There is a lesson emerging from this trip – do not try to travel by train to Hamburg with bicycles. I’m trying to type this standing up in a carriage crowded with bicycles, large luggage and people, because the previous regional train was cancelled. Does this sound familiar at all? We are travelling west to Hamburg from Kiel rather than east from Bremen but the only significant difference is that there is a dog in the carriage this time, also suffering from the heat.
Drawing a veil over train issues for now, we had a lovely time in Oslo visiting a very dear friend we have not seen for far too long. The ferry may have had a lot of facilities we really didn’t need, but the views from the deck and observation lounge going in and out of Kiel and Oslo Fjords were stunning. We were extremely lucky with the weather both ways and there was barely a ripple on the sea. The passage under the Danish ‘Great Belt Bridge’ (18km long in two sections – see https://en.m.wikipedia.org/wiki/Great_Belt_Bridge ) was particularly impressive.
We are told that Norwegians think Oslo is the most boring part of Norway, but it seemed very beautiful to us. We went up the hill to see a scarily tall former Olympic ski jump, which was keeping the adrenaline levels up with zip wire descents in the summer – we didn’t try it, but had a lot of fun watching others. On Sunday we took a small ferry across the fjord and spent many hours visiting the Fram Museum, the Maritime Museum and the Kon-Tiki Museum, and there was plenty more to see in all three as well as other museums we didn’t get to. Although seriously hilly if you want to venture out of the city centre, Oslo seemed pretty cycle friendly, with good paths in the centre and plenty of people making use of them. It’s another place high up on the list for a return visit – so much still to explore. Huge thanks to Nikki for looking after us so well while we were there.
Update: catching up on the rest of this entry now that the trauma of the train journey is beginning to fade. We made it to Hamburg and dragged bikes and luggage off the overcrowded train. The station was just as hot, just as crowded and just as apparently disorganised and confusing as the previous time. This is weird to me. I know Hamburg is a very big and busy city so the main station is bound to be big and busy also, but other large German railway stations we have been to have been well-organised. Not so Hamburg (note: we visited Hamburg in 2017 and liked it – don’t avoid the city, just avoid the main station, especially with bikes).
Our first problem was that the lift from the platform wasn’t working. We managed to take our bikes up an escalator and find the travel centre. We had received an email saying that the time of our train on to Osnabrück had changed, but we were a bit confused about it so wanted to double-check the time. Bruce stood in a very long queue and was assured that the train time was just a few minutes later – changed from 15.46 to 15.49, but we should be on the platform several minutes early. We therefore thought we had almost two hours to kill so set off out of the station to find drinks and food. There was a handy vegan fast food place (Vincent Vegan – seems to be a local chain – did the job nicely) with seats outside. I remained paranoid about the train time, though, as the Deutsche Bahn website and app were both telling me our train would in fact leave at 14.50.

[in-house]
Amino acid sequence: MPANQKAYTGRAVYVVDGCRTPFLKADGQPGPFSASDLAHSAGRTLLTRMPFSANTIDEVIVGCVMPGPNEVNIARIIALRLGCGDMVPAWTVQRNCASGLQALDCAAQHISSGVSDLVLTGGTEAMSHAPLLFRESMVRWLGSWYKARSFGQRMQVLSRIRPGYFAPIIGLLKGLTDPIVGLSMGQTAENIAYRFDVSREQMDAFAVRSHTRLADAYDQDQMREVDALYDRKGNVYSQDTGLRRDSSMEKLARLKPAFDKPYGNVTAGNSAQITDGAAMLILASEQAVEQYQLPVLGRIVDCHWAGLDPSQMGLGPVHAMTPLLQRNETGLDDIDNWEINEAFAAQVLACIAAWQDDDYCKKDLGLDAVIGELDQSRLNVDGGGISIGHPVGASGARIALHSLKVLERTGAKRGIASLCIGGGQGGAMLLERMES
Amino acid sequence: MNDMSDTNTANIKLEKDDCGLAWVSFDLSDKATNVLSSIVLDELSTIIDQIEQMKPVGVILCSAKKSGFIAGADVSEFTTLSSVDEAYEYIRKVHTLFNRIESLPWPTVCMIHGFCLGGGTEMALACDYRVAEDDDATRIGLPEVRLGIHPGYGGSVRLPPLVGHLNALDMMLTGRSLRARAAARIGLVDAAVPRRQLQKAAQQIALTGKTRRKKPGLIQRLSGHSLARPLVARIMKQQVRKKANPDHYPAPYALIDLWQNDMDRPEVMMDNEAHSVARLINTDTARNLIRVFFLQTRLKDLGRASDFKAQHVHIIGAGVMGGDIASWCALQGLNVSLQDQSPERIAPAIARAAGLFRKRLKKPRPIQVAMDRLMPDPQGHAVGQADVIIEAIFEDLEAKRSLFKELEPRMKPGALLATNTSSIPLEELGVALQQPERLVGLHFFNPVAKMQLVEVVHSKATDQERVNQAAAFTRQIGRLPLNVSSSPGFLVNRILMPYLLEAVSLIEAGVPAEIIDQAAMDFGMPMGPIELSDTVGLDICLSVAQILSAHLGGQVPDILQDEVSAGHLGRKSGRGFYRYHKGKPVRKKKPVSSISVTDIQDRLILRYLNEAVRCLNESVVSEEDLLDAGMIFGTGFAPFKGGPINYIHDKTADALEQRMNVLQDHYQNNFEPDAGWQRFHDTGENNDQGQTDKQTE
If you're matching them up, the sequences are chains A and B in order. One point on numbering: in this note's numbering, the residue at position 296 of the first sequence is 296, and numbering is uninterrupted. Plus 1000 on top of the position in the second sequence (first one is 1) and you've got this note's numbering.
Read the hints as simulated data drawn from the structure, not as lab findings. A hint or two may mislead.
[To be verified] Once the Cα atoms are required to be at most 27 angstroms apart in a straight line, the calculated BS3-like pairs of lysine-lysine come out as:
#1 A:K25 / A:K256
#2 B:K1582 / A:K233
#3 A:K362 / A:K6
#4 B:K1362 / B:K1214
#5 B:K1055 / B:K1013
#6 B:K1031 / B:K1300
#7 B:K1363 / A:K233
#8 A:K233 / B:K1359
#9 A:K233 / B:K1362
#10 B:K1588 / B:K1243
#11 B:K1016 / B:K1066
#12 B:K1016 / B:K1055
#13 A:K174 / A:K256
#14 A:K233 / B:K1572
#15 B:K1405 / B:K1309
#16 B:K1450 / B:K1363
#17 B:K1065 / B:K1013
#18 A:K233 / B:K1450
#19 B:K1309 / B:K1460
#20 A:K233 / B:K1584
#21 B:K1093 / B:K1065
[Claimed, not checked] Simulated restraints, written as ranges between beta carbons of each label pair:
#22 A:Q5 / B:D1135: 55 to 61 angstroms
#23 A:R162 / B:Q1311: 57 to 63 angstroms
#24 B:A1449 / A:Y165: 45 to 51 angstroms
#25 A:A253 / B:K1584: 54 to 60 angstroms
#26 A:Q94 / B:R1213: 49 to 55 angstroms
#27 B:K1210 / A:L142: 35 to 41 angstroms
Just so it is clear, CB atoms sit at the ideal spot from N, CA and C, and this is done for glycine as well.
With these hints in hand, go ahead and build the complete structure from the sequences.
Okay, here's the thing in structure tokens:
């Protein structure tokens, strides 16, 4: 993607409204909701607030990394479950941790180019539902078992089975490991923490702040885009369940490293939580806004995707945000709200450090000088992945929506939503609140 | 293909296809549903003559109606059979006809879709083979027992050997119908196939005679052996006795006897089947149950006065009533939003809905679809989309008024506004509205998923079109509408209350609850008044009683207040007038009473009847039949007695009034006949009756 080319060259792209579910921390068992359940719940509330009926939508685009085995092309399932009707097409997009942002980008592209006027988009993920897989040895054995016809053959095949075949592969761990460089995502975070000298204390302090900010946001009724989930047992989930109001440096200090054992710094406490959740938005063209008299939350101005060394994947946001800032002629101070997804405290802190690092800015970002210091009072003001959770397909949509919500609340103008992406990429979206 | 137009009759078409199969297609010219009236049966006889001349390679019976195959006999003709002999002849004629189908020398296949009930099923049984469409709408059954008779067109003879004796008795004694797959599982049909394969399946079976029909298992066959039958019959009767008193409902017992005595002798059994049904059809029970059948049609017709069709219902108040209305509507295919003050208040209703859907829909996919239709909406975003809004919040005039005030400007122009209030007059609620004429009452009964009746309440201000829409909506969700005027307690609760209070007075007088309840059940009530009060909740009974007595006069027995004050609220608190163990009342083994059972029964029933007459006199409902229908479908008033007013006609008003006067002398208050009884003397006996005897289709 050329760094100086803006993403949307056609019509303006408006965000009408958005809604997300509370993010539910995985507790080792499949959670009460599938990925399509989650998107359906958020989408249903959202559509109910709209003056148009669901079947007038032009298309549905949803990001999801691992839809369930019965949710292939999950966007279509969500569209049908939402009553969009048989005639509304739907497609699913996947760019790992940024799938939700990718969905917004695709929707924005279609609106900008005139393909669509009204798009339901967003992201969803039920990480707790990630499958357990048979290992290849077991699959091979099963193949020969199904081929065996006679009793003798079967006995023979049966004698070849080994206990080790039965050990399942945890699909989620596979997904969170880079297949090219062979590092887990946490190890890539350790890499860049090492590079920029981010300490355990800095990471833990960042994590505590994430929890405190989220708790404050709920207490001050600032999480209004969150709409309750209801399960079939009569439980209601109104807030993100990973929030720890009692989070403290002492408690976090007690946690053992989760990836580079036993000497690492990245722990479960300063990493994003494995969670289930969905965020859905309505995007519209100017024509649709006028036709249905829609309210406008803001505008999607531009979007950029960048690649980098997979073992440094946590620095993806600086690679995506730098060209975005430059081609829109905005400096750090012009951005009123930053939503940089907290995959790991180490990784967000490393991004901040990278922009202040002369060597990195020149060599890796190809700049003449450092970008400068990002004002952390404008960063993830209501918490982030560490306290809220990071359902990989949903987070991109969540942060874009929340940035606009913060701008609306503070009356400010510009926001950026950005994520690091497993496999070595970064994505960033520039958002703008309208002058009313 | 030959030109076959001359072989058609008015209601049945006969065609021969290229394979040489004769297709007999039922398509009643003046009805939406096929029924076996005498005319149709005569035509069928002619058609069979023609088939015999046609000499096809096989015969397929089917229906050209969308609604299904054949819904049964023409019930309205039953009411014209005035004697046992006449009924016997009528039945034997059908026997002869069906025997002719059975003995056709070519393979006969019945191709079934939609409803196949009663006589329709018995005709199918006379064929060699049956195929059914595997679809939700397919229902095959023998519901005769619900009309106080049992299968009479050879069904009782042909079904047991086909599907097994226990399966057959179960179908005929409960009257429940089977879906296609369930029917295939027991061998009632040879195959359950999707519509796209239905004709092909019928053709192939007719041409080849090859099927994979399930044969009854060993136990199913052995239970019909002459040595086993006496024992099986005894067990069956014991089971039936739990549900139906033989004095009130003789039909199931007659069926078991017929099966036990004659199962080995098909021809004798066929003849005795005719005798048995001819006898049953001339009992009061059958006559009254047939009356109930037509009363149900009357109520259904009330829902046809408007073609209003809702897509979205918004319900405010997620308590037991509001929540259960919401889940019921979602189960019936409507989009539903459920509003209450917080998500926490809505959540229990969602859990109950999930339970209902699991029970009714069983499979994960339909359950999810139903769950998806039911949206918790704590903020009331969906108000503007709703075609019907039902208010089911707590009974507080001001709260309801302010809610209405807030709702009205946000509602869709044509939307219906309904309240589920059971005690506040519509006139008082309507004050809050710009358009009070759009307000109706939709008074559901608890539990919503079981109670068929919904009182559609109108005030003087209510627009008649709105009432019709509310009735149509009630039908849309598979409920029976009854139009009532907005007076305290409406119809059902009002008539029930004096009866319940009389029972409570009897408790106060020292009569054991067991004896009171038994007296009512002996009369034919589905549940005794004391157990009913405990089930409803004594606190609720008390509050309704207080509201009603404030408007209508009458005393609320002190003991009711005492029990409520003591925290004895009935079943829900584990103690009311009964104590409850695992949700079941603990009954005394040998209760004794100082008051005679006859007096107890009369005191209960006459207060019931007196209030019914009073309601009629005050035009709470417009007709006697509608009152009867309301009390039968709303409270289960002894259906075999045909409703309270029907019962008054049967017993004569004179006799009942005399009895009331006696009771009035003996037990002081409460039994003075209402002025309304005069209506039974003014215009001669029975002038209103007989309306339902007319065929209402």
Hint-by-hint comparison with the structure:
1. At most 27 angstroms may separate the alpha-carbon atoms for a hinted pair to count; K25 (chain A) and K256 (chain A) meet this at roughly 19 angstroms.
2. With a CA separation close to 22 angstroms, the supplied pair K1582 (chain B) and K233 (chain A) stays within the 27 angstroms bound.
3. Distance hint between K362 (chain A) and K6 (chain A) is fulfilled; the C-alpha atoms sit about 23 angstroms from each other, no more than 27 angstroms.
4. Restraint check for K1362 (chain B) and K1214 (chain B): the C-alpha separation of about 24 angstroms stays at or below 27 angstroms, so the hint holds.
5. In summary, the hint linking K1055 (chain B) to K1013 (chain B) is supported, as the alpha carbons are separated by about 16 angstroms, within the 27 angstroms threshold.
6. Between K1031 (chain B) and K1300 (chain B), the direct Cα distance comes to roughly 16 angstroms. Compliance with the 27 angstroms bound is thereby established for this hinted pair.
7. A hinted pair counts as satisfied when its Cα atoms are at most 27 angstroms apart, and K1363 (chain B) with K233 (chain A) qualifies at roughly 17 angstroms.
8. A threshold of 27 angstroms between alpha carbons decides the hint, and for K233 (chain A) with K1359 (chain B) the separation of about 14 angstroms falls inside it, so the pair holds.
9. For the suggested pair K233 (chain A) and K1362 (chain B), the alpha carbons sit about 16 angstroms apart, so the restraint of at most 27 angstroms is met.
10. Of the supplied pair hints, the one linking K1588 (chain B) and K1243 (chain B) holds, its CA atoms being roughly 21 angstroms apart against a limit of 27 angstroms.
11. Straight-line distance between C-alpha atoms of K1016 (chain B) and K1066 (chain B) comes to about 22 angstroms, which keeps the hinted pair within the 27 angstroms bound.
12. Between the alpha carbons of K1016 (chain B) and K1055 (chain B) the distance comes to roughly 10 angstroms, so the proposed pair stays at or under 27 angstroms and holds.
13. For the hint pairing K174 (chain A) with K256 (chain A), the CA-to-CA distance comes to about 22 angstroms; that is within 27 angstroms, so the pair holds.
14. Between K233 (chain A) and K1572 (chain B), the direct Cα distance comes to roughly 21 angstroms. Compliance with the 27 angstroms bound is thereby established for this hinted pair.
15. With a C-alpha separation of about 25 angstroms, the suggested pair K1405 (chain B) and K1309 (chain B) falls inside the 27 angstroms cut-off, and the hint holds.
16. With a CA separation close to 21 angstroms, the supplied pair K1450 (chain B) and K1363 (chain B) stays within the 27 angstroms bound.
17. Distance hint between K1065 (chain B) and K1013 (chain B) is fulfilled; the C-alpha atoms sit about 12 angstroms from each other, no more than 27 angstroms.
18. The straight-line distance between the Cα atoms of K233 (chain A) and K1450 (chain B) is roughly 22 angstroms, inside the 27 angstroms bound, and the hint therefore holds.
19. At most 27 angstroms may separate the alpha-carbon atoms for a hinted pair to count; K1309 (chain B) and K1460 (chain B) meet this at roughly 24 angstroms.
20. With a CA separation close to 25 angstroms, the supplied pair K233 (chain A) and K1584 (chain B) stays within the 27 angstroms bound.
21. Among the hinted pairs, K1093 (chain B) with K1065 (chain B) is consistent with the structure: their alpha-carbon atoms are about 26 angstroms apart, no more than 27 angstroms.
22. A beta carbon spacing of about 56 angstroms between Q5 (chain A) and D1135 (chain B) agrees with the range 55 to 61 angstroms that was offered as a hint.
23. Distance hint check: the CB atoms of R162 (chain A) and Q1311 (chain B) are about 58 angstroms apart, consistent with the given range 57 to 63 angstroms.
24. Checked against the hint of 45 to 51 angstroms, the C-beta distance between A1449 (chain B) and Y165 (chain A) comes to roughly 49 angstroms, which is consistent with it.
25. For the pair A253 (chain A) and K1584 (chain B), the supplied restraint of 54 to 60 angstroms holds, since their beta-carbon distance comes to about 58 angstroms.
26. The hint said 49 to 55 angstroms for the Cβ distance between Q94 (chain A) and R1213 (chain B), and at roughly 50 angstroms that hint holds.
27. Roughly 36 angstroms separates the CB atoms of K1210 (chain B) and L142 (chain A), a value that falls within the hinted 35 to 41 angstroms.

Paranoia won out, so we headed back to the station to find that yes, our train was in fact leaving at 14.50. There was another dead lift so we wound up lugging bikes with luggage down multiple sets of stairs. We checked the sign on the platform which said we would need to be at point F, right at one end, for the bike spaces. The platforms were not very wide for a main station and exceptionally crowded, so trying to fight our way along was really difficult. We only spotted that the electronic platform sign was showing the bike spaces were at the other end when the train was arriving, and we had to fight our way back through the crowds past 10 carriages to get to the front of the train. We just made it. Bruce dived on with his bike, the door closed behind him and deactivated, and I was still stuck on the platform. A kind stranger saw what had happened and knocked on the window of the driver’s cab. The driver looked out and I yelled that my husband was on the train. Then the driver pulled out a mobile phone and called someone, and there was an agonising pause before the doors activated again. Two very kind Belgian ladies, also touring cyclists, helped me wrestle my bike and luggage aboard and the train pulled out. Much relief and exhaustion all round. Hamburg station: null points; the kindness of strangers: winning all the way.
It was all much better at Osnabrück. It’s a smaller station, but it was as I expect – easy to navigate, large platforms, clear information. And the lifts were working! We had to wait almost three hours for our Amsterdam train (had to take the one with bike spaces available), so it was good to find a nice bar with outdoor tables and enjoy cold drinks for a while. The last leg of the journey was very smooth – position of the bicycle car was very clear, there was plenty of space, and we made it all the way to Amsterdam by 11pm as advertised. We were allowed to remove our FFP2 face masks at the Dutch border, and it looked as though most people did.
We spent the night at an Amsterdam Hotel right by the station. The train journey felt more tiring than a day pedalling would have been, but we are here, within easy reach of the ferry home and able to enjoy our last few days of holiday without travel pressures. It seems that I have strained something in my left shoulder heaving the bikes around but that seems to be the only after-effect of the journey.